The overlap between slave and master is computed as indicated in figure 21.1.

Interpolation is done with a kernel function such as, e.g., a truncated sinc function. First a look-up table is computed for the selected interpolation kernel. This table evaluates the kernel every 1/INTERVAL = 0.05 positions, which should be accurate enough.

Interpolation is independent for azimuth and range direction. For all points in the overlap between master and slave, the co-registration polynomial is evaluated.

If the total image does not fit in the memory, processing is done in buffers.

The azimuth spectrum of the complex SLC data is not centered around zero in general. The location of the peak in the spectrum is given by a polynomial in the header file.

For a correct interpolation, either the spectrum of the data has to be shifted to zero, or the interpolation kernel. We shift the kernel in azimuth. In range the spectrum is centered (for satellite data).

A simple derivation shows how the kernel should be shifted. Suppose we have a signal: s(x)=exp(i*2pi*x*fdc/prf), and we want to interpolate this signal at xi=5.1 with a triangular kernel k(x_0), such that the interpolated signal s_i(xi)=sum(k(x_0).*s(x_1)). This means with x_0=[-0.1,0.9] and x_1=[5,6] (as implemented in Doris), the kernel is formed as k(x_0)=triangle(x_0) = [0.9,0.1] and we shift this with the MINUS sign by multiplication with t(x_0)=exp(-i*2p*x_0*fdc/prf). Then the interpolated value at 5.1 equals: s_i(5.1) = k(-0.1)*t(-0.1)*s(5) + k(0.9)*t(0.9)*s(6) = 0.9*exp(-i*2pi*-0.1*fdc/prf)*exp(i*2pi*5*fdc/prf) + 0.1*exp(-i*2pi*0.9*fdc/prf)*exp(i*2pi*6*fdc/prf) = exp(i*2pi*5.1*fdc/prf) = s(5.1);// perfect interpolation! On the contrary, when we use the PLUS, it follows that s_i(5.1) = 0.9*exp(i*2pi*-0.1*fdc/prf)*exp(i*2pi*5*fdc/prf) + 0.1*exp(i*2pi*0.9*fdc/prf)*exp(i*2pi*6*fdc/prf) = 0.9*exp(i*2pi*4.9*fdc/prf) + 0.1*exp(i*2pi*6.9*fdc/prf) NE s(5.1);// wrong sign used!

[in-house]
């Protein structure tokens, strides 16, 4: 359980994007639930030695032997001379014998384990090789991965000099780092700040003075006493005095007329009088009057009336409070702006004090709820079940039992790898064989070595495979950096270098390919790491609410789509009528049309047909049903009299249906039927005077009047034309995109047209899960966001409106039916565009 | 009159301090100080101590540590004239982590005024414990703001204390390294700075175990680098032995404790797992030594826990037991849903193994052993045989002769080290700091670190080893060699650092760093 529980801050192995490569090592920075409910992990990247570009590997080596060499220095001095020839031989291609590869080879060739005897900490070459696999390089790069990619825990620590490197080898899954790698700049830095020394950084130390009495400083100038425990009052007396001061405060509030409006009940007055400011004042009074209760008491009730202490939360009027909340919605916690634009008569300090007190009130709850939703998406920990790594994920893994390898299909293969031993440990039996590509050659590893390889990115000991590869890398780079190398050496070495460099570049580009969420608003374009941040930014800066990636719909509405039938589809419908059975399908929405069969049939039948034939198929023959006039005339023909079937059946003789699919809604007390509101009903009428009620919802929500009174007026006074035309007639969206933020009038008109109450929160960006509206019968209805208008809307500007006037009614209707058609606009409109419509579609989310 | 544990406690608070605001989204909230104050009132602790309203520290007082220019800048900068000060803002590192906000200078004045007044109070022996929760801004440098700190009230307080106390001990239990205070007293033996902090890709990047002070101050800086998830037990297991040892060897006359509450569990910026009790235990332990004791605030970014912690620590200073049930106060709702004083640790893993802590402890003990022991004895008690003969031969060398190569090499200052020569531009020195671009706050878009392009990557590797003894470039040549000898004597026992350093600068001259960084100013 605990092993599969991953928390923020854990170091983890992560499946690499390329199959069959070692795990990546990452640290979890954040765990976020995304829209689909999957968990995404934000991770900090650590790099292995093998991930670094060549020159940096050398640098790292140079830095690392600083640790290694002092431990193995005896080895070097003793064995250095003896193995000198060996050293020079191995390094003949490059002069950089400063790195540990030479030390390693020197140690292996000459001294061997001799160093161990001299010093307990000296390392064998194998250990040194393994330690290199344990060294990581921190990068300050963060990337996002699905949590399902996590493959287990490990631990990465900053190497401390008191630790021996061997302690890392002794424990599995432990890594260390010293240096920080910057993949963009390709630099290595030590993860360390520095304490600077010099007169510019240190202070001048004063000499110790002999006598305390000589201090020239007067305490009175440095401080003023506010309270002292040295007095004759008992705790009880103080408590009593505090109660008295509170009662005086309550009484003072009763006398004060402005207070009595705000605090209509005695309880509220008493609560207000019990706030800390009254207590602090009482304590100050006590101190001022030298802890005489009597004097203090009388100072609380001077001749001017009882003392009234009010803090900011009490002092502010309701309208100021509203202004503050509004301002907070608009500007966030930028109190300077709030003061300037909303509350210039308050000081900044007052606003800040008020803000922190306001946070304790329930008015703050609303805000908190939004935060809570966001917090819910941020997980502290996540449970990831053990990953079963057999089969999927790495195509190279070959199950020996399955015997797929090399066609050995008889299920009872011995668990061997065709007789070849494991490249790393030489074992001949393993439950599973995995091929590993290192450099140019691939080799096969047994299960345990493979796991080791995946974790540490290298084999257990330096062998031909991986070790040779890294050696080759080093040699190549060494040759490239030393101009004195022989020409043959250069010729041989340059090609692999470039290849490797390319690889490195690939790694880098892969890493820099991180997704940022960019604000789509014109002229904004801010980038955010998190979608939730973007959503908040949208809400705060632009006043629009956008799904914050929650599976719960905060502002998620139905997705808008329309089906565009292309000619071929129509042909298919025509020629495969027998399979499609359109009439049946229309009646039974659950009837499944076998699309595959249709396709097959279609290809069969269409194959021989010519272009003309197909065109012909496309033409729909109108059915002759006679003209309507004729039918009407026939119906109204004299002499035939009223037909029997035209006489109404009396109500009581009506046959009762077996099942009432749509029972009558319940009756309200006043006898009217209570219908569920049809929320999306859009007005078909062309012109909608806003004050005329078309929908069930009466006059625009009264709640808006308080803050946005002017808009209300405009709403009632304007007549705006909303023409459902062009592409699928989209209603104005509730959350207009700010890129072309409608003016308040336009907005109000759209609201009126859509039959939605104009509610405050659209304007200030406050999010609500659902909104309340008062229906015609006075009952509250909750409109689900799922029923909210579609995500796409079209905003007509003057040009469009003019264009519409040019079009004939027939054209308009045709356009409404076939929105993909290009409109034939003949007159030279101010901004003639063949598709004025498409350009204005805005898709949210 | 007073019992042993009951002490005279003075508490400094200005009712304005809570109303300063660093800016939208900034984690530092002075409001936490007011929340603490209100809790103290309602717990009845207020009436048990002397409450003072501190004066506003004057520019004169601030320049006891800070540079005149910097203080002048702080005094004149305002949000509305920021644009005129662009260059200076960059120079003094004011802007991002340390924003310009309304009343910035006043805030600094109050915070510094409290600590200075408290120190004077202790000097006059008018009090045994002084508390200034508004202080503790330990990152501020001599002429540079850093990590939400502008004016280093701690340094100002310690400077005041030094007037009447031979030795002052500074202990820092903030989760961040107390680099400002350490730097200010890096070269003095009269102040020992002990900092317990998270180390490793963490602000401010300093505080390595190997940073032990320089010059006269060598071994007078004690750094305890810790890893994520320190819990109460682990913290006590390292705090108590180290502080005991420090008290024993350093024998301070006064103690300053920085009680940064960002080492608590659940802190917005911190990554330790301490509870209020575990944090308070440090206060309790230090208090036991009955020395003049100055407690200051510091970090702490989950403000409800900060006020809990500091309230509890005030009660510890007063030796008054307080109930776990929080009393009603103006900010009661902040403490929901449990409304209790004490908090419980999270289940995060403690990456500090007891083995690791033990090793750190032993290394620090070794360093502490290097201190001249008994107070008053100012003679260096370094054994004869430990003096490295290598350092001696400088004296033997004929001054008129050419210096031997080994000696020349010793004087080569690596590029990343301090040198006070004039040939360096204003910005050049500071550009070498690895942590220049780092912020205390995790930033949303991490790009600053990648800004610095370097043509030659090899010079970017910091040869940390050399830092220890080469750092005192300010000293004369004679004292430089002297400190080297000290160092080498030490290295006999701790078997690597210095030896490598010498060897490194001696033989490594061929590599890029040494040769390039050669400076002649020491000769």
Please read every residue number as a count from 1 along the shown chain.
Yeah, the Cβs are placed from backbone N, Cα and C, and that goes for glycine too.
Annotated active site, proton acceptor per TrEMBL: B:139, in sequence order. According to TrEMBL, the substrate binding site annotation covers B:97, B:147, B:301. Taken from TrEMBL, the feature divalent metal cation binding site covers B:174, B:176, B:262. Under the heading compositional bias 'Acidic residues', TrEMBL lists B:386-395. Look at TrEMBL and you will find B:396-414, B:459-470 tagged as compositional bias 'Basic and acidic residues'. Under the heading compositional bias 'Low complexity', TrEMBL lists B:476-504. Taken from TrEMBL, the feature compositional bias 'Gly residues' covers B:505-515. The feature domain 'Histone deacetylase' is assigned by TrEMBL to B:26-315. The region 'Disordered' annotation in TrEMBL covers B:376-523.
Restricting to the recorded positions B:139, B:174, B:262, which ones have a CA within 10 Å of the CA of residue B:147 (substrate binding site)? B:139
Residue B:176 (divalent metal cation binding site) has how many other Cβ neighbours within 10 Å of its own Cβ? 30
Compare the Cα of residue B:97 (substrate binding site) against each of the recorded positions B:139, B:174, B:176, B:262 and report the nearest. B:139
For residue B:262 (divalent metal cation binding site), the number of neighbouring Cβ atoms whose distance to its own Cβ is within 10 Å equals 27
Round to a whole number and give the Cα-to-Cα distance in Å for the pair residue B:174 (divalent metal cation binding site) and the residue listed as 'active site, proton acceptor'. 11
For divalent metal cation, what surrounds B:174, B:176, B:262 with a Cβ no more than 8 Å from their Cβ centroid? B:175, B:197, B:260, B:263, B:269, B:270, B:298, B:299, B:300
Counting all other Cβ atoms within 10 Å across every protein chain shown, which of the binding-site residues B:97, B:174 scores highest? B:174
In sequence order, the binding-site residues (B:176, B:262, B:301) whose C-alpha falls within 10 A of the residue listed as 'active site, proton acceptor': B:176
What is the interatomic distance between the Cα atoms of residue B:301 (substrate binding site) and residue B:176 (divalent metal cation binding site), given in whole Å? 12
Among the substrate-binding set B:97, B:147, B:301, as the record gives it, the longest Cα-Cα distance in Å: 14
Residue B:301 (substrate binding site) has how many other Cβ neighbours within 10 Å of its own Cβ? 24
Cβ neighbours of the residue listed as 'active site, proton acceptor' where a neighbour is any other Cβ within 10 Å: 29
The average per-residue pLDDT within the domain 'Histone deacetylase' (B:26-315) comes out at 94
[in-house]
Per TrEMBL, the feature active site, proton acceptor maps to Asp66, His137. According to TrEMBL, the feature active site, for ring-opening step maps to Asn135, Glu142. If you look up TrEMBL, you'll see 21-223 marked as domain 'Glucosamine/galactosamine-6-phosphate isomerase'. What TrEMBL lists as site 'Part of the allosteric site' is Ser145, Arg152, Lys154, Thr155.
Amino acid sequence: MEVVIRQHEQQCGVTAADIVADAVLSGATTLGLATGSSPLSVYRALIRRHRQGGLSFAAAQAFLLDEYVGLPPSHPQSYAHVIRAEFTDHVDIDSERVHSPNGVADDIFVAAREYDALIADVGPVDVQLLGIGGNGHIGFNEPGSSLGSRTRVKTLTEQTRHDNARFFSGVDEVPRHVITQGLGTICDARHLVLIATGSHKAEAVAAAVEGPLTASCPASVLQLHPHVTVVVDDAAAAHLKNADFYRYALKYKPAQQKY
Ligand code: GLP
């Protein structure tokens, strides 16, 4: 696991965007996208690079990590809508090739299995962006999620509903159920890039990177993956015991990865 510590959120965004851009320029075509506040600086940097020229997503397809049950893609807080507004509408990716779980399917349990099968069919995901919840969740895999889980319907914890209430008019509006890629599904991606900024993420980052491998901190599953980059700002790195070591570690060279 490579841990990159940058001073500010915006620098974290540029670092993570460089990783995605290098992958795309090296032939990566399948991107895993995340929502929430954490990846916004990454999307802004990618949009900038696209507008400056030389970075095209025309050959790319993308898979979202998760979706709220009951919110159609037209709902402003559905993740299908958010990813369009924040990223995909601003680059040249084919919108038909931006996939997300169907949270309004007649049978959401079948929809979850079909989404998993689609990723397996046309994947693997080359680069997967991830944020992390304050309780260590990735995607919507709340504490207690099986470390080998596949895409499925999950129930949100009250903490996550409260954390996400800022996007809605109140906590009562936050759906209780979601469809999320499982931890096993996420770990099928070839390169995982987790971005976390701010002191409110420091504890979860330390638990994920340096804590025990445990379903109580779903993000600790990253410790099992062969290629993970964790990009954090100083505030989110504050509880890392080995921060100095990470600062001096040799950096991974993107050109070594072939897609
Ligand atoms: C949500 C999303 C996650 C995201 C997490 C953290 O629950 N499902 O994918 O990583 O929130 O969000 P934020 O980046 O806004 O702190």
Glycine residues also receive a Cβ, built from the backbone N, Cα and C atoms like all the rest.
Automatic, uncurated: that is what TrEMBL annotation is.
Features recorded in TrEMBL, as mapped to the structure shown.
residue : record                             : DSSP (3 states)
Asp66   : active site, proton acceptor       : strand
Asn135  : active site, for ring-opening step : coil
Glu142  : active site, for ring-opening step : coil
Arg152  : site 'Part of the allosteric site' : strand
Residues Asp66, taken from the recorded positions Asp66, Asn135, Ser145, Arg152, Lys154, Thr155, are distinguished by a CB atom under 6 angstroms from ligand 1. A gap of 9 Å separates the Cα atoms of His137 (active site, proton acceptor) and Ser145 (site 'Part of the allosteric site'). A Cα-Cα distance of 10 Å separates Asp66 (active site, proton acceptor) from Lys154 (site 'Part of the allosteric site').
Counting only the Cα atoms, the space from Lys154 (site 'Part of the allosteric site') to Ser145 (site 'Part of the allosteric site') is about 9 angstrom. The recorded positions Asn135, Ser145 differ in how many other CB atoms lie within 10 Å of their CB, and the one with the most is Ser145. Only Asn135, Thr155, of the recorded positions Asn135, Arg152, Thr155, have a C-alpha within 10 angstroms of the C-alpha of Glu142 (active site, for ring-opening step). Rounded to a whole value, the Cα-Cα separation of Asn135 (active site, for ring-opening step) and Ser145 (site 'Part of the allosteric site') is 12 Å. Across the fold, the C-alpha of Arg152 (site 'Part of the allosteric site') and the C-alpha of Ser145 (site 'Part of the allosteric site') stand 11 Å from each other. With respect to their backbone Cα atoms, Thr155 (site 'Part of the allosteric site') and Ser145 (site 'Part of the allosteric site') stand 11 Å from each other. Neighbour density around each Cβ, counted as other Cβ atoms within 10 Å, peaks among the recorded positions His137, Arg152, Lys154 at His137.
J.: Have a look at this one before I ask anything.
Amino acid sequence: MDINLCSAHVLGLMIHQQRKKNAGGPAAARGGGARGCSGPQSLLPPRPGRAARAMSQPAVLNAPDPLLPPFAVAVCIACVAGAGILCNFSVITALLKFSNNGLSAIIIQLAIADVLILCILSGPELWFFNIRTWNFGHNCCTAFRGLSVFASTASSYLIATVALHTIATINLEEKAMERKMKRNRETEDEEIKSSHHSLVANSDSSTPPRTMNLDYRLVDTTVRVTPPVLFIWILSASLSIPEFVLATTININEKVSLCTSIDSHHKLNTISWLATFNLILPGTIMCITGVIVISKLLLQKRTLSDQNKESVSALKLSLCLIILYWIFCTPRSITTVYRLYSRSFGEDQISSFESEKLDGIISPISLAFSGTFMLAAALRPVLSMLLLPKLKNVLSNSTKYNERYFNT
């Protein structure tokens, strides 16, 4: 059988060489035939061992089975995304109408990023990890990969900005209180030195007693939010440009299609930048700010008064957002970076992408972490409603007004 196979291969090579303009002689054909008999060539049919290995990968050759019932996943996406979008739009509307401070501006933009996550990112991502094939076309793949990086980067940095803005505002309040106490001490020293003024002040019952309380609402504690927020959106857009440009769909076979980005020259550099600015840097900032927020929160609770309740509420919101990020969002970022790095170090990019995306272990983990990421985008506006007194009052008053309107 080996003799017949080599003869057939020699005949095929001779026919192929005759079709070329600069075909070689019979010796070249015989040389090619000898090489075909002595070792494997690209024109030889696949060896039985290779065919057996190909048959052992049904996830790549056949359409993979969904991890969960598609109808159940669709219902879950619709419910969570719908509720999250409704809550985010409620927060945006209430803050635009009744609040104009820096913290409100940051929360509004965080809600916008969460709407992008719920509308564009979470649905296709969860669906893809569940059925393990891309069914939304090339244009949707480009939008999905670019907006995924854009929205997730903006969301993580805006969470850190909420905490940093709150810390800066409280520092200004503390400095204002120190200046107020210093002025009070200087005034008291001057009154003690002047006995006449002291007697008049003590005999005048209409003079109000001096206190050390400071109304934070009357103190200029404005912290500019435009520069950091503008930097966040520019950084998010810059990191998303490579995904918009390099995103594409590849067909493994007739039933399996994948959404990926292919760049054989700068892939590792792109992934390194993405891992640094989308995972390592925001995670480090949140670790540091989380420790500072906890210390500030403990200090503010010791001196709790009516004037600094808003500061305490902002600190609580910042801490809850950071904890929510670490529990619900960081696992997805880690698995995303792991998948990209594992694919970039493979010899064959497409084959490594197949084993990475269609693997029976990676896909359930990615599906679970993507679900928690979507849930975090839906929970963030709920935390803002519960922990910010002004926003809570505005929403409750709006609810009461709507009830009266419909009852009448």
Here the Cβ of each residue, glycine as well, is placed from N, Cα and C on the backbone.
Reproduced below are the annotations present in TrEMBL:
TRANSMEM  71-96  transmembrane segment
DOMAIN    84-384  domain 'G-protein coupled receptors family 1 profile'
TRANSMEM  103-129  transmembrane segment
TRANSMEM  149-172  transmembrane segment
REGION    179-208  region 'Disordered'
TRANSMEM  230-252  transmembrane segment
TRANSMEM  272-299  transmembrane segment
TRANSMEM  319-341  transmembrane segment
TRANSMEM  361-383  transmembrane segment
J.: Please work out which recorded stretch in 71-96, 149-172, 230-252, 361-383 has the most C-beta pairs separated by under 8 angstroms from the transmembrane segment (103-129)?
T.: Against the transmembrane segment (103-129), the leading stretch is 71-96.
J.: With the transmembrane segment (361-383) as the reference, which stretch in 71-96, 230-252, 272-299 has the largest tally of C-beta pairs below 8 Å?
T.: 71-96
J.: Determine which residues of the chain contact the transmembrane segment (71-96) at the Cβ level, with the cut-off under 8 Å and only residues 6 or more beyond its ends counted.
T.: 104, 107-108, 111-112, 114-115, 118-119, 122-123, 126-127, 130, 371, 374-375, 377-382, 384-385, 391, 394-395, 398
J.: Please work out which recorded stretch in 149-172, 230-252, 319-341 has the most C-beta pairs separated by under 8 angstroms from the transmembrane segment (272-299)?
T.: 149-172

See also [10].